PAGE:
How to Thrive in the Age of the Customer

How to Thrive in the Age of the Customer

Returning from an interesting SAP Now event in Berlin with a strong attendee focus on customer experience is the perfect opportunity to start thinking about how to thrive as a company in the age of the customer. Being busy with and at our own valantic booth and an exciting IoT-Chatbot showcase I sincerely could not attend as many presentations as I wanted to. First let’s establish what the age of the customer means. What is the age of the customer? A few years ago the term ‚the customer is in control’ was coined. This was back in the first hype around social media, around the same time the term ‚social CRM’ got created. Some companies, for example Microsoft, are still using it. In the beginning ‚the customer is in control’ referred to the idea that social media put customers in a far more powerful position vs. businesses, because the higher reach that social media offered, changed the balance of powers between customers and vendors. Or so vendors of enterprise software argued. The ‚customer being in control’ is certainly one way to describe an age of the customer, even a very strong one. Forrester Research is somewhat more balanced. Forrester describes the age of the customer as the combination of a shift of power from institutions to customers and the disruptive forces of digitalization. This combination would “alter market fundamentals and force companies to change strategic direction and rethink operating models”. As part of the vivid discussion following my post Ten Questions you always wanted to ask about CX on CustomerThink, Harley Manning, VP and Research Director covering customer experience...
Salesforce adds more Einstein and Quip to the Service Cloud. Is it good for the Experience?

Salesforce adds more Einstein and Quip to the Service Cloud. Is it good for the Experience?

The News Today Salesforce announced the next release of its Service Cloud. It brings together more Einstein AI as part of the Service Cloud and adds Quip to it. This enables more agent empowerment and efficient work. In order to augment the tools with the necessary knowledge and soft skills, Salesforce also just launched Trailblazers for the Future, a program that is targeted towards increasing the soft skills of service managers and service agents. Einstein now is delivering reply suggestions as well as article suggestions to inquiries that the service representative can easily use to reply to questions. At the same time Einstein suggests so called next best actions that are designed to help increase satisfaction and unearth cross- and upsell opportunities. Additionally, Einstein now optimizes case routing leveraging machine-learning processes on the inquiry to find the ideal queue for processing it. Additionally, Salesforce embedded the collaboration tool Quip into the Service Cloud to increase productivity and to increase service agents’ access to knowledge. The press release is here but for your convenience you can read it below. The Press Release Salesforce Empowers Service Agents with Einstein AI and Quip for Service   Service Cloud expands Einstein AI portfolio with new intelligent recommendation and routing capabilities so agents can spend more time where it matters most — building customer relationships and solving complex problems   New Quip for Service boosts agent productivity with incident swarming and cross-team collaboration available directly in the agent console   SAN FRANCISCO—March 19, 2019—Salesforce [NYSE: CRM], the global leader in CRM, today announced new artificial intelligence and productivity solutions that empower customer service agents...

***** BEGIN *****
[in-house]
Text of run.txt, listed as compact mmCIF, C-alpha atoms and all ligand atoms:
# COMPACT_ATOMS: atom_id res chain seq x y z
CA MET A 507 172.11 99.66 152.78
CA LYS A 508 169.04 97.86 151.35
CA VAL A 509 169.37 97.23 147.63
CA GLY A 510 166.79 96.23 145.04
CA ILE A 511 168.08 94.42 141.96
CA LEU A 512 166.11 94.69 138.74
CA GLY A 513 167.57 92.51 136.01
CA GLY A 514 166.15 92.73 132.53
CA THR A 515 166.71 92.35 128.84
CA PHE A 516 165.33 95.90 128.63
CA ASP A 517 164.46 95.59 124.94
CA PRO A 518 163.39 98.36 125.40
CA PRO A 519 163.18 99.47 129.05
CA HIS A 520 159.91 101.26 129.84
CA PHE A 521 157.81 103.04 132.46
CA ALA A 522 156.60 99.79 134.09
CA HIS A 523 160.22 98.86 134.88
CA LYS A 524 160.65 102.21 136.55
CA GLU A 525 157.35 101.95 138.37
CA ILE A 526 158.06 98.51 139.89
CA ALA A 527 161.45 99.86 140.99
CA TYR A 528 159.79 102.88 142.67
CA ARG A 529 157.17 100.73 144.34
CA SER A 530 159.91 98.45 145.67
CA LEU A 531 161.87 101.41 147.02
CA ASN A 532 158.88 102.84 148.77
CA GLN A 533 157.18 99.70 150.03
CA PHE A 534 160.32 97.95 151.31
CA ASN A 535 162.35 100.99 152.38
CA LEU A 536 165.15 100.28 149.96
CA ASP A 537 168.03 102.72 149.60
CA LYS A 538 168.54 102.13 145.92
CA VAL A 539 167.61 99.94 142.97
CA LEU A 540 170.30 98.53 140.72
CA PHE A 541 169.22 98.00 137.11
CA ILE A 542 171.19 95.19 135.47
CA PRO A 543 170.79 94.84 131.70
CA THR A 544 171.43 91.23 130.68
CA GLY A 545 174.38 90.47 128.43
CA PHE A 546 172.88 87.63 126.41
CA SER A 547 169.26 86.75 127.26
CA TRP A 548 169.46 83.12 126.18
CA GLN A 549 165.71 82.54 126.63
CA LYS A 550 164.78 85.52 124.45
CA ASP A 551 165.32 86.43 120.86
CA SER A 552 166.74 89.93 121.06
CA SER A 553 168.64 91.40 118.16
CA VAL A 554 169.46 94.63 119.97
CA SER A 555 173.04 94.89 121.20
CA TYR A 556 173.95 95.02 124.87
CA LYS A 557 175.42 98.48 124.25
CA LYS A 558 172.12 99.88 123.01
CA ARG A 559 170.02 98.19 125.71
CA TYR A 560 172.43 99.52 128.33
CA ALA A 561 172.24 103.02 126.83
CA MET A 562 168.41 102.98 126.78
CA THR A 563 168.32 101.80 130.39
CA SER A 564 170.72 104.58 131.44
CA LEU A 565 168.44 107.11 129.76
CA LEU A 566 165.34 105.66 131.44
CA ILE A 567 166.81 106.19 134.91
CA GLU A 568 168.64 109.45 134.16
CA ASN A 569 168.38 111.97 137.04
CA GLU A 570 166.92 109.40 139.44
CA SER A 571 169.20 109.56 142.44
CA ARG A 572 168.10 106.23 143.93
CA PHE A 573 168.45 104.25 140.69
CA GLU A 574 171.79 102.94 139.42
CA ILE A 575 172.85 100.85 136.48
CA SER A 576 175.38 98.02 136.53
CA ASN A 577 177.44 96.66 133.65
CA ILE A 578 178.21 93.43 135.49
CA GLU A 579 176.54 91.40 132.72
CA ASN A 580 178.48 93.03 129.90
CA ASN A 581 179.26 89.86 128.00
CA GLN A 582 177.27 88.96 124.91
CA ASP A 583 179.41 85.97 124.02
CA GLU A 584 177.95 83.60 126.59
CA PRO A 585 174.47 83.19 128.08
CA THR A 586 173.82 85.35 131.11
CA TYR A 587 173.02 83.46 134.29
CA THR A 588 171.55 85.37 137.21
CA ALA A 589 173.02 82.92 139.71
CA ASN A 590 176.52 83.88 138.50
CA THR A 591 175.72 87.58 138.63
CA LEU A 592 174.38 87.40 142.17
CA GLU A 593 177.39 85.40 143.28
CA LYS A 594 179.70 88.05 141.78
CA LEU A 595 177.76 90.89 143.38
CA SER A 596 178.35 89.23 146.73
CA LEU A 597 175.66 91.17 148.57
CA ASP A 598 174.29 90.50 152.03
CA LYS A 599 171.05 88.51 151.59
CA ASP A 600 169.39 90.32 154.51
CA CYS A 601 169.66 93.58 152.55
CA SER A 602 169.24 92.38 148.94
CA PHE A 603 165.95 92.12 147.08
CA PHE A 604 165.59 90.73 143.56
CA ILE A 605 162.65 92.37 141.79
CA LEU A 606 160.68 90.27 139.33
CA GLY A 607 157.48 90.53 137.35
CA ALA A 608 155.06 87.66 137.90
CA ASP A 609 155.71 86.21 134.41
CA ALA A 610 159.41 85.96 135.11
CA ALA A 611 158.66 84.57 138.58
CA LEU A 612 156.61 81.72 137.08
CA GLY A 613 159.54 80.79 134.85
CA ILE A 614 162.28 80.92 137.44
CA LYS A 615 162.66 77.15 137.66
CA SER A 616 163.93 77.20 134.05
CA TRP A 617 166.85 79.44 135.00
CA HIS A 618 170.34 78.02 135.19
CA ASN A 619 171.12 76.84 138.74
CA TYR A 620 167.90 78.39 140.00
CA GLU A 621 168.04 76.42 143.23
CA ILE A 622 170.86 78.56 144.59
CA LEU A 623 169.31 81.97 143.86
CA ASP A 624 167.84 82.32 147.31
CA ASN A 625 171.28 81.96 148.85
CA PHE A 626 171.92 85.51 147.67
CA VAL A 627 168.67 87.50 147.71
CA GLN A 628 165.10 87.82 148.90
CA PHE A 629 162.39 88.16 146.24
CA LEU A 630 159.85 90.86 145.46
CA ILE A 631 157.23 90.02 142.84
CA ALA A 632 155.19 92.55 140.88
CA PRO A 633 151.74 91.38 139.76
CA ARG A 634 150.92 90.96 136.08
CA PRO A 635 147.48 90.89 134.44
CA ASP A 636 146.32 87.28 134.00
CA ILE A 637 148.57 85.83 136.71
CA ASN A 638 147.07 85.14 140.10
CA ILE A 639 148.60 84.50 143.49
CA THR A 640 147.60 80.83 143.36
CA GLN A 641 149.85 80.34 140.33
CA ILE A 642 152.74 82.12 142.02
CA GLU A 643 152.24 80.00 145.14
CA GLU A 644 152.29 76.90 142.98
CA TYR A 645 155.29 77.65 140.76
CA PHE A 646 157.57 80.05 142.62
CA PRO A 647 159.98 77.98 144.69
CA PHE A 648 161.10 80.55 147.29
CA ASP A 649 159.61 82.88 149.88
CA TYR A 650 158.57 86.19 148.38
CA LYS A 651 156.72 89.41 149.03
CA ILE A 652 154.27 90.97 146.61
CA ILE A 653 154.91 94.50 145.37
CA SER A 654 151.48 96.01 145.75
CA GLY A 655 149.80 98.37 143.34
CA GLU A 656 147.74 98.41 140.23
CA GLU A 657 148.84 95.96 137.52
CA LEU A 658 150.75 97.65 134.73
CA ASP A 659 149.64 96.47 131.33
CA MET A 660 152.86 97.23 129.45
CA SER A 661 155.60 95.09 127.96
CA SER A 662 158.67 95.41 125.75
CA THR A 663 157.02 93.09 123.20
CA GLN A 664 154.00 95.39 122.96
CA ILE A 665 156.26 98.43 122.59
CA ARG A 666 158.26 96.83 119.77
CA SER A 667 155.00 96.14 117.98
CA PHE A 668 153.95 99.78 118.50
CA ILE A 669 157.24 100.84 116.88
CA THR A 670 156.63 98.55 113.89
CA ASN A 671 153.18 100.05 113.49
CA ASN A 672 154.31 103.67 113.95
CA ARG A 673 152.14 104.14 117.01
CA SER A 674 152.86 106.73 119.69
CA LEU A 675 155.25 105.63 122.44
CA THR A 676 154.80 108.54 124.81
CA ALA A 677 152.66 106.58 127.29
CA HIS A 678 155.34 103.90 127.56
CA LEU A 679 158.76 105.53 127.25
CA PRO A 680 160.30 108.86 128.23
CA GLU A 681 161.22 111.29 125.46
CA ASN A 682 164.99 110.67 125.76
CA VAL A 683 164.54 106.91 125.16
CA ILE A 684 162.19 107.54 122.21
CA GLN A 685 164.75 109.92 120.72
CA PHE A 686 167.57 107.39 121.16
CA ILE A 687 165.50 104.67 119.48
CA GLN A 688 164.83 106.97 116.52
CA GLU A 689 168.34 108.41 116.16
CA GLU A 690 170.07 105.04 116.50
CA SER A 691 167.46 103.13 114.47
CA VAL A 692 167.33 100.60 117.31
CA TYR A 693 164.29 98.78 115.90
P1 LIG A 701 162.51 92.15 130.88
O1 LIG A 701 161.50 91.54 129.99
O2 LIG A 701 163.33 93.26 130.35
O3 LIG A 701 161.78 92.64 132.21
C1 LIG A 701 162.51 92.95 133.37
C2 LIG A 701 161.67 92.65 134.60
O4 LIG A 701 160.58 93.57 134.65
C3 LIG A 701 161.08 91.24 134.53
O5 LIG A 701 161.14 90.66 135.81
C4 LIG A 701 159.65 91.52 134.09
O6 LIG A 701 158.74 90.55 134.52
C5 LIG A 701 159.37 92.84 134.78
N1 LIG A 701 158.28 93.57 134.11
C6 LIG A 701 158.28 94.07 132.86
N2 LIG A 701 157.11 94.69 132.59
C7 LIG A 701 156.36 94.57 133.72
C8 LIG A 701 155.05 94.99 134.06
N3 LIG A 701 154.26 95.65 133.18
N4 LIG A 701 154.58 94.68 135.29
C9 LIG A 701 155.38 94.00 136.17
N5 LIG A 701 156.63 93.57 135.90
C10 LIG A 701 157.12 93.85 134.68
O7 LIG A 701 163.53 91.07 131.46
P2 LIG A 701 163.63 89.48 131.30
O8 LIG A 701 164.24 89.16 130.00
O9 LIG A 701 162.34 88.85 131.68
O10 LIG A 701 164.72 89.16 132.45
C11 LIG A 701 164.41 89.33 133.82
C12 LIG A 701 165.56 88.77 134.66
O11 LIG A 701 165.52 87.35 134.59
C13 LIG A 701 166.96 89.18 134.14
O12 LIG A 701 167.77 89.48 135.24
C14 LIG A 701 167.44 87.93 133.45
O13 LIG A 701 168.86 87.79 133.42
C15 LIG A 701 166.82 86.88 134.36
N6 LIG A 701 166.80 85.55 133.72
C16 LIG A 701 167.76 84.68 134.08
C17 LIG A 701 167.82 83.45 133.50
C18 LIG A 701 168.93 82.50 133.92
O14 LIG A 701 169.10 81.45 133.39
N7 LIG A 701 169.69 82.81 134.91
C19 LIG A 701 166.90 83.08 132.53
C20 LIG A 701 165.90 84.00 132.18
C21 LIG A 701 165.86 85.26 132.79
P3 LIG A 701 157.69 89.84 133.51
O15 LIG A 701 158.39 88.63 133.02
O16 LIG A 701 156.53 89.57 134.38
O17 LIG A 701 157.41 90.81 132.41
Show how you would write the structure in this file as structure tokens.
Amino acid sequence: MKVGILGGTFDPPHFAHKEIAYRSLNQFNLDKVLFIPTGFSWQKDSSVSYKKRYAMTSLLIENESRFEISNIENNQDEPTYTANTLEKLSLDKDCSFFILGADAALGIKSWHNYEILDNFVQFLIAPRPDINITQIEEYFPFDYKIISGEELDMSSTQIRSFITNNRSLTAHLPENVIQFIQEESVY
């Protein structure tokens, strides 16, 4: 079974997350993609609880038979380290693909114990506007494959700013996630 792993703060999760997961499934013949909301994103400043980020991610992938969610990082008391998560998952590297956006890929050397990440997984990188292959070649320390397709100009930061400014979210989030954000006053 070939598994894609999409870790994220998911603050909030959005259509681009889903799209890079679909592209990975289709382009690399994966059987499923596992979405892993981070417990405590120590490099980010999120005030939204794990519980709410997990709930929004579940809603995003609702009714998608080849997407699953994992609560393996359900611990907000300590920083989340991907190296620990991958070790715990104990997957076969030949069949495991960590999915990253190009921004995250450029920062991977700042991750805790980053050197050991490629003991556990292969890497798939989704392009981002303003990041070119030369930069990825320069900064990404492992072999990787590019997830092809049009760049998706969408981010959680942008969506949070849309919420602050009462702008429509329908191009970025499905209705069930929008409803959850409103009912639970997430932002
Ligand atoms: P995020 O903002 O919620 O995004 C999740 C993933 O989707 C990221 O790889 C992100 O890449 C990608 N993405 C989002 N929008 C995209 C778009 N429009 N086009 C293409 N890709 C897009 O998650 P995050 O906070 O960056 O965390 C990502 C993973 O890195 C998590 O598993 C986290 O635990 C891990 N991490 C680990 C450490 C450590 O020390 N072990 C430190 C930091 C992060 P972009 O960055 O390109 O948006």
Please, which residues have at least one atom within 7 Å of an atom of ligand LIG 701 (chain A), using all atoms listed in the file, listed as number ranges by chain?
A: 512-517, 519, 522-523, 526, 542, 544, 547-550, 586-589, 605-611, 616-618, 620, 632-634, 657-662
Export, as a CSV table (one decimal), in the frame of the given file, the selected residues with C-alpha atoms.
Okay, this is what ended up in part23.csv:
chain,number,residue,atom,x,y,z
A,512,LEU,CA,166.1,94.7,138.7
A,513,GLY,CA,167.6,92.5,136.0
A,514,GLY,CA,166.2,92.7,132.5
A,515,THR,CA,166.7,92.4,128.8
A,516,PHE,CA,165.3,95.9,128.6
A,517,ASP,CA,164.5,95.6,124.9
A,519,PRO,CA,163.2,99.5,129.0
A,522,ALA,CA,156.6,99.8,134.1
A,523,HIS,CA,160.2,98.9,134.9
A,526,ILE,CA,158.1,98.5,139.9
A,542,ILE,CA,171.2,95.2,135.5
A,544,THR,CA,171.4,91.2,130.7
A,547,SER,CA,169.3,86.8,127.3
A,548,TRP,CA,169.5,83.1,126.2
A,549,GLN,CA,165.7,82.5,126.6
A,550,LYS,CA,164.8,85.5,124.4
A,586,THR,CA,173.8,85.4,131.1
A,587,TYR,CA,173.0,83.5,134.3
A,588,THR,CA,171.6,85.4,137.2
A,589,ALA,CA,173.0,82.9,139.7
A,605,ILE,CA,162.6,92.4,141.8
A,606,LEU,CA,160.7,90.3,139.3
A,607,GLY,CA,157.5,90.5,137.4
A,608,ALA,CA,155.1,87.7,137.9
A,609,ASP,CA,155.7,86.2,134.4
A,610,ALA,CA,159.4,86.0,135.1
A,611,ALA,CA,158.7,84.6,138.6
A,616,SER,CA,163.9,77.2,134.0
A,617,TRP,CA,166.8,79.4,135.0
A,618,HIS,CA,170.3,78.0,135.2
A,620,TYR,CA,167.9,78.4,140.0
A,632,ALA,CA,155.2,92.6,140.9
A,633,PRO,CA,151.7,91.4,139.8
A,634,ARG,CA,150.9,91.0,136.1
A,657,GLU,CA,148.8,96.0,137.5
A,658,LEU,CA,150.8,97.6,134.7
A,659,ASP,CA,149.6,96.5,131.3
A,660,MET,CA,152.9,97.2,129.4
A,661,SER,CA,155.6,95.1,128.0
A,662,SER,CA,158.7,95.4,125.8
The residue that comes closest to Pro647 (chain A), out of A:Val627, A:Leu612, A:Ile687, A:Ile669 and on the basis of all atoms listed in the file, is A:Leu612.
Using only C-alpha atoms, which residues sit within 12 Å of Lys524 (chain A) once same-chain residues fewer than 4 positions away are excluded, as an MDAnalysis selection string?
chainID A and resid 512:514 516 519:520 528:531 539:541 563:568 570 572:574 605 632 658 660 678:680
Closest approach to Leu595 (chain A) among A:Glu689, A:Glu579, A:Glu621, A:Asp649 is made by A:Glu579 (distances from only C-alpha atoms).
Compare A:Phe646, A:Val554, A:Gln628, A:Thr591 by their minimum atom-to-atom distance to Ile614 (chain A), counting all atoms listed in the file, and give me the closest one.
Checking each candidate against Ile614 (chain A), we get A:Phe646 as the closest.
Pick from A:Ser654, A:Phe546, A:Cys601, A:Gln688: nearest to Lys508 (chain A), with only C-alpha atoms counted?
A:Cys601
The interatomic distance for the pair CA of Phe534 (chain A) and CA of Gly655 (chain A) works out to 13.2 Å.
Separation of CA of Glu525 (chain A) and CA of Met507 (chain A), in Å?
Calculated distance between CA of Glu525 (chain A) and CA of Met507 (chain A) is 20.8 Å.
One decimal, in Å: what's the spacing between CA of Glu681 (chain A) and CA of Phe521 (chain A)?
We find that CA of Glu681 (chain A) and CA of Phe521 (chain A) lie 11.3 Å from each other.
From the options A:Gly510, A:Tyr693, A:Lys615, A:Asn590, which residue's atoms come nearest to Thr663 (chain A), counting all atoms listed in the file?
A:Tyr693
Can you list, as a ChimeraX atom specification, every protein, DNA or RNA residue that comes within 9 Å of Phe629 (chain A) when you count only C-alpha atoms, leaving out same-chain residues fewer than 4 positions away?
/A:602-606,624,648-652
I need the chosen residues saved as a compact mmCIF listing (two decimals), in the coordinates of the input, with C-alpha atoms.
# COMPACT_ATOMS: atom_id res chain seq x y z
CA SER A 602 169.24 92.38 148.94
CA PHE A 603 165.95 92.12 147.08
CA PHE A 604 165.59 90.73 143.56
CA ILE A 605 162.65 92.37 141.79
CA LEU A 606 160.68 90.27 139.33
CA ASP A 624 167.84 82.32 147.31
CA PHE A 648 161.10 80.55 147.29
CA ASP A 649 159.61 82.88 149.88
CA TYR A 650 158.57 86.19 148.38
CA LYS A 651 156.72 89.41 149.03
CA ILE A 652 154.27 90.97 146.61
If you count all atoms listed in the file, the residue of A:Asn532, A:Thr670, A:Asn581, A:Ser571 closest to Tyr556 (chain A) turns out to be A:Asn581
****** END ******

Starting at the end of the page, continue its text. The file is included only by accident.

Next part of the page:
Ten questions you always wanted to ask about Customer Experience

Ten questions you always wanted to ask about Customer Experience

This is a slightly enhanced (and translated) transcript of an interview about customer experience I did for valantic. The interview challenge was to stay short and concise, and to keep it within two minutes. In order to not lose the spirit of this 120 second challenge, I kept the transcript short. This might raise a question or two. Happy to discuss, as always. So, interviewer, let’s get going! What’s the meaning of the claim ‘The Age of the Customer’? ‘The Age of the Customer’ is a term that is roughly synonymous with ‘The Customer is in Control’. Both terms basically express the notion that today’s customers have far better access to information than they had a decade ago, before the social media and mobile revolution. An important consequence of this revolution is that customers’ trust business statements about their products and solution is far lower than in earlier times. What does this mean for businesses? That is simple. The knowledge advantage that businesses have has decreased considerably. With that the possibility of businesses to distinguish themselves based upon their products and services shrinks. Therefore businesses must appear far more authentic and focus on an engagement model that fits their brand; this in a way that results in a positive perception by customers. Customer Experience Management – What do you think of this term? I do not like the term customer experience management as the customer experience is solely in the realm of the customer. What a business can do is engage with customers in a way that with a high likelihood results in a positive experience. I prefer the...